The South End community had a discussion with D-4 Capt. Steven Sweeney, City Councilor Kim Janey, City Councilor Michelle Wu, Representative Jon Santiago, and Senator Sonia Chang-Diaz via Zoom on May 27 regarding the shooting in Chester Square on May 16. The meeting was organized by Chester Square Neighbors, the Claremont Neighborhood Association, and the Worcester Square Neighborhood Association.
Residents were invited ahead of time to submit questions for Sweeney and the elected officials, many of which were addressed in their remarks. More than 60 people tuned into the meeting to learn more about the incident as well as what they can do to help move forward.
“One neighbor described it as the Wild West,” Chester Square Neighbors president Carol Blair said. On May 16 at approximately 2:13pm, D-4 officers responded to a radio call for someone with a gun at 134 Northampton St., Boston Police Commissioner William Gross said at a recent press conference.
After officers identified a man who fit the description, they went to talk to the suspect, which he refused to do, and fled down Mass. Ave. towards Chester Park.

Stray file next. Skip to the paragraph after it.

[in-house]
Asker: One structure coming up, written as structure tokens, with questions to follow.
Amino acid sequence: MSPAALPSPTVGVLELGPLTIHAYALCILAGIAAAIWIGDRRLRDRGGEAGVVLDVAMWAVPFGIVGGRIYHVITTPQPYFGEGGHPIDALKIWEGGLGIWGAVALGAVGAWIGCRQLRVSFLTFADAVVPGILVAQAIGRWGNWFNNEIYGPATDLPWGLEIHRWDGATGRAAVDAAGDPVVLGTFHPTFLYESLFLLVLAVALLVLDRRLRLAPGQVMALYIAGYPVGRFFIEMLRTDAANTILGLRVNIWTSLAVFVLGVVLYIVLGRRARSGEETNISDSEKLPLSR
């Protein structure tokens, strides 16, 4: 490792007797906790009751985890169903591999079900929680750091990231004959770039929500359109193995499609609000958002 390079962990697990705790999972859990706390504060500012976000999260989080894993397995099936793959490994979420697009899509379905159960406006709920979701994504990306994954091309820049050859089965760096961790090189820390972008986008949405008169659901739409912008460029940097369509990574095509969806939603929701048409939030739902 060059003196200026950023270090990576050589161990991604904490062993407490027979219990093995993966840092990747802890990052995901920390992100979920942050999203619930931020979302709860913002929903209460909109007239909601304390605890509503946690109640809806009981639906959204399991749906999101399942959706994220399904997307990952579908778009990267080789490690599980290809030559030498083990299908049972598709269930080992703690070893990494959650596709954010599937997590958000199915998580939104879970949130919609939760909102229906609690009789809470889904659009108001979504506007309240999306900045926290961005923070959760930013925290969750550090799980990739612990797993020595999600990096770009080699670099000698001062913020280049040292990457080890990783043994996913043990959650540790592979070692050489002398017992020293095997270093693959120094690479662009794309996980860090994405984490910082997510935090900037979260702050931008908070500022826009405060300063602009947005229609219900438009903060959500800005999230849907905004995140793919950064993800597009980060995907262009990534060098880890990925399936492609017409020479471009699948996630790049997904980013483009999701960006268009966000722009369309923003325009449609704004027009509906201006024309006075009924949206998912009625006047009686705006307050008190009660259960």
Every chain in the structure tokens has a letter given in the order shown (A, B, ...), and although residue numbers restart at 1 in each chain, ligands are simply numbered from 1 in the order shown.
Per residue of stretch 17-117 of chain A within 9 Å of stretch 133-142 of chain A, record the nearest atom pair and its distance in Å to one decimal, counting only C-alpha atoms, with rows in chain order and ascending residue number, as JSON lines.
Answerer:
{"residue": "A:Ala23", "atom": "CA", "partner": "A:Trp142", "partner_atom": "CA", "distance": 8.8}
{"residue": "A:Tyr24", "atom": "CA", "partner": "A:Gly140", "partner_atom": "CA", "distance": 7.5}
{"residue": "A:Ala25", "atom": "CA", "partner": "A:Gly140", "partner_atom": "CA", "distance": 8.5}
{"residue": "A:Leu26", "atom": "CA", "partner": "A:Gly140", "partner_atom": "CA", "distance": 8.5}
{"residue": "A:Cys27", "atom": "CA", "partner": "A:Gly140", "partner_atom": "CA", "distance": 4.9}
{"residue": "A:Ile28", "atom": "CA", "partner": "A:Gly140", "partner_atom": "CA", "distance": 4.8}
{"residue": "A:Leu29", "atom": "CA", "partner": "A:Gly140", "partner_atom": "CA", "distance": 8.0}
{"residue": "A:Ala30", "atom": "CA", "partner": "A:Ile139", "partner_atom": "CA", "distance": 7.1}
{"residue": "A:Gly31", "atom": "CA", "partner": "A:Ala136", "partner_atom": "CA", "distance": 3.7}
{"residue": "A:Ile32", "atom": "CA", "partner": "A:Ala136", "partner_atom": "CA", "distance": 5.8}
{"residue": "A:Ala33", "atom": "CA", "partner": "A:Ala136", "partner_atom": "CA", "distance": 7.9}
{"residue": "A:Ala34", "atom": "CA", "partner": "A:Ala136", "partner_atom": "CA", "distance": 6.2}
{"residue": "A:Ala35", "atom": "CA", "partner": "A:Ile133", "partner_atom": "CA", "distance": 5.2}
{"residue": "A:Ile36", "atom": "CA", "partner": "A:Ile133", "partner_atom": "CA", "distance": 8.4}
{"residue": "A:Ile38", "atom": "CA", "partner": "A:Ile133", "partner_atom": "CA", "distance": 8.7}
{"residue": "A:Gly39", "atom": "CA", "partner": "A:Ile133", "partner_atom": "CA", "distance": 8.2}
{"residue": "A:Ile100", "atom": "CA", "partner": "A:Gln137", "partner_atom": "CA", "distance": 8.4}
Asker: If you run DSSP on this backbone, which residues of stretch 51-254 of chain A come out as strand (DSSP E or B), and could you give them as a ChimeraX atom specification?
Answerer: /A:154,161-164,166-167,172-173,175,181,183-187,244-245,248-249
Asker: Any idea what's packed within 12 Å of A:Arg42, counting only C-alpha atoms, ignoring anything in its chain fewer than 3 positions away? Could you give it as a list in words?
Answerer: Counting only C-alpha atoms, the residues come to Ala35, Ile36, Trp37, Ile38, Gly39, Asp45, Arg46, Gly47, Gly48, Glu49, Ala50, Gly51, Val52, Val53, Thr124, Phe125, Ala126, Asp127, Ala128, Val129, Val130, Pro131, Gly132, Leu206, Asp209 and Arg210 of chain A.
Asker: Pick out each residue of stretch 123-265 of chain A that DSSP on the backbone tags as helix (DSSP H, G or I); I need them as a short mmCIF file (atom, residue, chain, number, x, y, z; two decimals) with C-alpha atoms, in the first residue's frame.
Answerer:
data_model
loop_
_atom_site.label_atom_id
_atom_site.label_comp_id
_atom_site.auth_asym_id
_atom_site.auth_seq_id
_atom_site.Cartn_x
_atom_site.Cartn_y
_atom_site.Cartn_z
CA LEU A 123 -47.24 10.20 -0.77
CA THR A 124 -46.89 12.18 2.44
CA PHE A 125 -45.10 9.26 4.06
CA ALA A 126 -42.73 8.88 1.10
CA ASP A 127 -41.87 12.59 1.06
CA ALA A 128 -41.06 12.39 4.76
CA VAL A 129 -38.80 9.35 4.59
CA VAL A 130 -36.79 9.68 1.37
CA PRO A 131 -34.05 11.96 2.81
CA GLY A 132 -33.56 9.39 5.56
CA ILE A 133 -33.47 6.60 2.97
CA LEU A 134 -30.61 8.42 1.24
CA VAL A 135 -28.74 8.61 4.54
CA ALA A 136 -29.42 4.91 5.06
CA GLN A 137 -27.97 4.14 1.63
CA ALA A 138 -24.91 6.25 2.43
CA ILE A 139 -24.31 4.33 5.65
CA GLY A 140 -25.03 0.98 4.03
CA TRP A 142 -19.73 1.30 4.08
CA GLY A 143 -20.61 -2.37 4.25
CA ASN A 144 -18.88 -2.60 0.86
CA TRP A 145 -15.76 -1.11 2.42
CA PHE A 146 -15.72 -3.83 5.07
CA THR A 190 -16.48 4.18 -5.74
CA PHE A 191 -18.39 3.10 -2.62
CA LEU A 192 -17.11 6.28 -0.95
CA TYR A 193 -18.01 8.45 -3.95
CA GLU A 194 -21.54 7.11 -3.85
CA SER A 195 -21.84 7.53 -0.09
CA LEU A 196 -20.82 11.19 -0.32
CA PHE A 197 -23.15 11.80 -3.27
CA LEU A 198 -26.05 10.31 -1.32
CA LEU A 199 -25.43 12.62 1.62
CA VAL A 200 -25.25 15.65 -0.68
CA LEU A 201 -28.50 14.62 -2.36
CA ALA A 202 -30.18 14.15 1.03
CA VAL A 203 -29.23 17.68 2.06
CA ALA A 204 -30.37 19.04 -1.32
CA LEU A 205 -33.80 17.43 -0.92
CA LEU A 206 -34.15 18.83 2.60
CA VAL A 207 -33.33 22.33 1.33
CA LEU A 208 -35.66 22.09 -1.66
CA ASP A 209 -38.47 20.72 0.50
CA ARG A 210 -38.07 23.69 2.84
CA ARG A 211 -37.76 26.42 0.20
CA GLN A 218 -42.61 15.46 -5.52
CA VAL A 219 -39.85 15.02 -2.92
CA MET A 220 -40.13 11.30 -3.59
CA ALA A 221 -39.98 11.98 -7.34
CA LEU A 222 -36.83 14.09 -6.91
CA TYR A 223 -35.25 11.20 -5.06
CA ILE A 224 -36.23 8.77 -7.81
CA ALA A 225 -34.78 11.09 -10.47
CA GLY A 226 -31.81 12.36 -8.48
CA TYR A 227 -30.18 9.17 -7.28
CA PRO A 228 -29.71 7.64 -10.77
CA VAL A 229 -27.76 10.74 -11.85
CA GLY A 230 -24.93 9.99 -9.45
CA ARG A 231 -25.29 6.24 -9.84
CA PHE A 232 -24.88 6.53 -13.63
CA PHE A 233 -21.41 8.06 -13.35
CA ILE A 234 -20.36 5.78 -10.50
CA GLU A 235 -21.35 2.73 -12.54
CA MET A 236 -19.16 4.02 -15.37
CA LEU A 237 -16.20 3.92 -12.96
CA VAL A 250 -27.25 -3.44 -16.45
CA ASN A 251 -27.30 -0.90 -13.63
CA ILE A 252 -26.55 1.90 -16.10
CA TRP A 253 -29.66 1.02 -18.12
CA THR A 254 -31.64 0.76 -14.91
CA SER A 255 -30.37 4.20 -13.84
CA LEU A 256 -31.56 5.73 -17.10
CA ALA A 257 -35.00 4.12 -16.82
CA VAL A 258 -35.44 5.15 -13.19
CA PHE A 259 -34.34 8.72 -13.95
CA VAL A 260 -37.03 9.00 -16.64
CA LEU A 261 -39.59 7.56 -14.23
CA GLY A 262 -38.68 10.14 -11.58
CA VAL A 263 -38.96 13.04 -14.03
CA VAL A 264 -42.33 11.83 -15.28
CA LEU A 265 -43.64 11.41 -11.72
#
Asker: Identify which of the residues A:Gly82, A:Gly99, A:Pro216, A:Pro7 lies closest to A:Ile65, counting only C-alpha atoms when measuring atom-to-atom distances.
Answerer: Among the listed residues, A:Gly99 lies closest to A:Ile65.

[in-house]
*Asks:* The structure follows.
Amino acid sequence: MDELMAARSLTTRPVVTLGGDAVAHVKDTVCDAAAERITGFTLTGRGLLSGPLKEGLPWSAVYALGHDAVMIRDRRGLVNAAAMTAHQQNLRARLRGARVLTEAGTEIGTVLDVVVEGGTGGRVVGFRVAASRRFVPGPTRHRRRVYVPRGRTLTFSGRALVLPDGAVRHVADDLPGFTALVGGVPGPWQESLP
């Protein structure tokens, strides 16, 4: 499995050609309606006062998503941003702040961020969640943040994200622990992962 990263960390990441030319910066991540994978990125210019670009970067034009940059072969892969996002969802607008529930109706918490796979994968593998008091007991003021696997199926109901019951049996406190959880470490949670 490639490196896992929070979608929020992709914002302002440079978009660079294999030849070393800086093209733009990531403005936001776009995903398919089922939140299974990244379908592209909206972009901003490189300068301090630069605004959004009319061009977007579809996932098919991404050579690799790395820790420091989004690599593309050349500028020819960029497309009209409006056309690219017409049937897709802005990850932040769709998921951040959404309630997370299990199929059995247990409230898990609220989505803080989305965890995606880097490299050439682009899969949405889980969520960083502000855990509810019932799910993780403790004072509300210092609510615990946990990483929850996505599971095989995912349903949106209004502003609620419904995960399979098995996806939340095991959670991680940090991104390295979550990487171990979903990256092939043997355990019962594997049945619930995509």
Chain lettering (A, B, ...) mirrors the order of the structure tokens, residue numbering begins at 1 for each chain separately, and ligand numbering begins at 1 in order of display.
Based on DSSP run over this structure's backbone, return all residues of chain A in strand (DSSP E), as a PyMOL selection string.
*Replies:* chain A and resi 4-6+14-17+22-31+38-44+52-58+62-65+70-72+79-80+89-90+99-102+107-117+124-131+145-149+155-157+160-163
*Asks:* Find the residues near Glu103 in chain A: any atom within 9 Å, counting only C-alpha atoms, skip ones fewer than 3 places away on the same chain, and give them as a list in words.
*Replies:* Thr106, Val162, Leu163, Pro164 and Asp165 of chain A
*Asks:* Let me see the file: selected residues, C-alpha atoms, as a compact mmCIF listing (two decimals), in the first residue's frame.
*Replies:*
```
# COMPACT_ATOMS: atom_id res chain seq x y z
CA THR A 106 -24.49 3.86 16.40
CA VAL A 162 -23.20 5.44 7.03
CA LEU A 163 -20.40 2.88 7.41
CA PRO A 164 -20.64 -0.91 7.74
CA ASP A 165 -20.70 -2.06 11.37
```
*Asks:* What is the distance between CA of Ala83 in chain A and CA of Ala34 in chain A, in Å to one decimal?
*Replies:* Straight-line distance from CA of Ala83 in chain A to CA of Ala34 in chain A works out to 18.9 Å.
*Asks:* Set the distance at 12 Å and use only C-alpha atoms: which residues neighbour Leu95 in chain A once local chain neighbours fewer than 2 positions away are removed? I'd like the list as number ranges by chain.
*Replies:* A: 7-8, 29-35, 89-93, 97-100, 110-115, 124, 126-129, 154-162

“During the pursuit, the suspect discharged his firearm at the responding Boston Police officers,” Gross said. “Being in fear of their lives as well as the pedestrians, people that are on these streets with their families, being in fear, they returned fire, they discharged their weapon at the suspect to stop the threat. In turn, the suspect fired his weapon to lock back, that means he exhausted all of his ammunition. The officers apprehended the suspect where he violently struggled.” Gross said that the suspect was released from prison in January, but no other information about him was provided as the investigation is ongoing.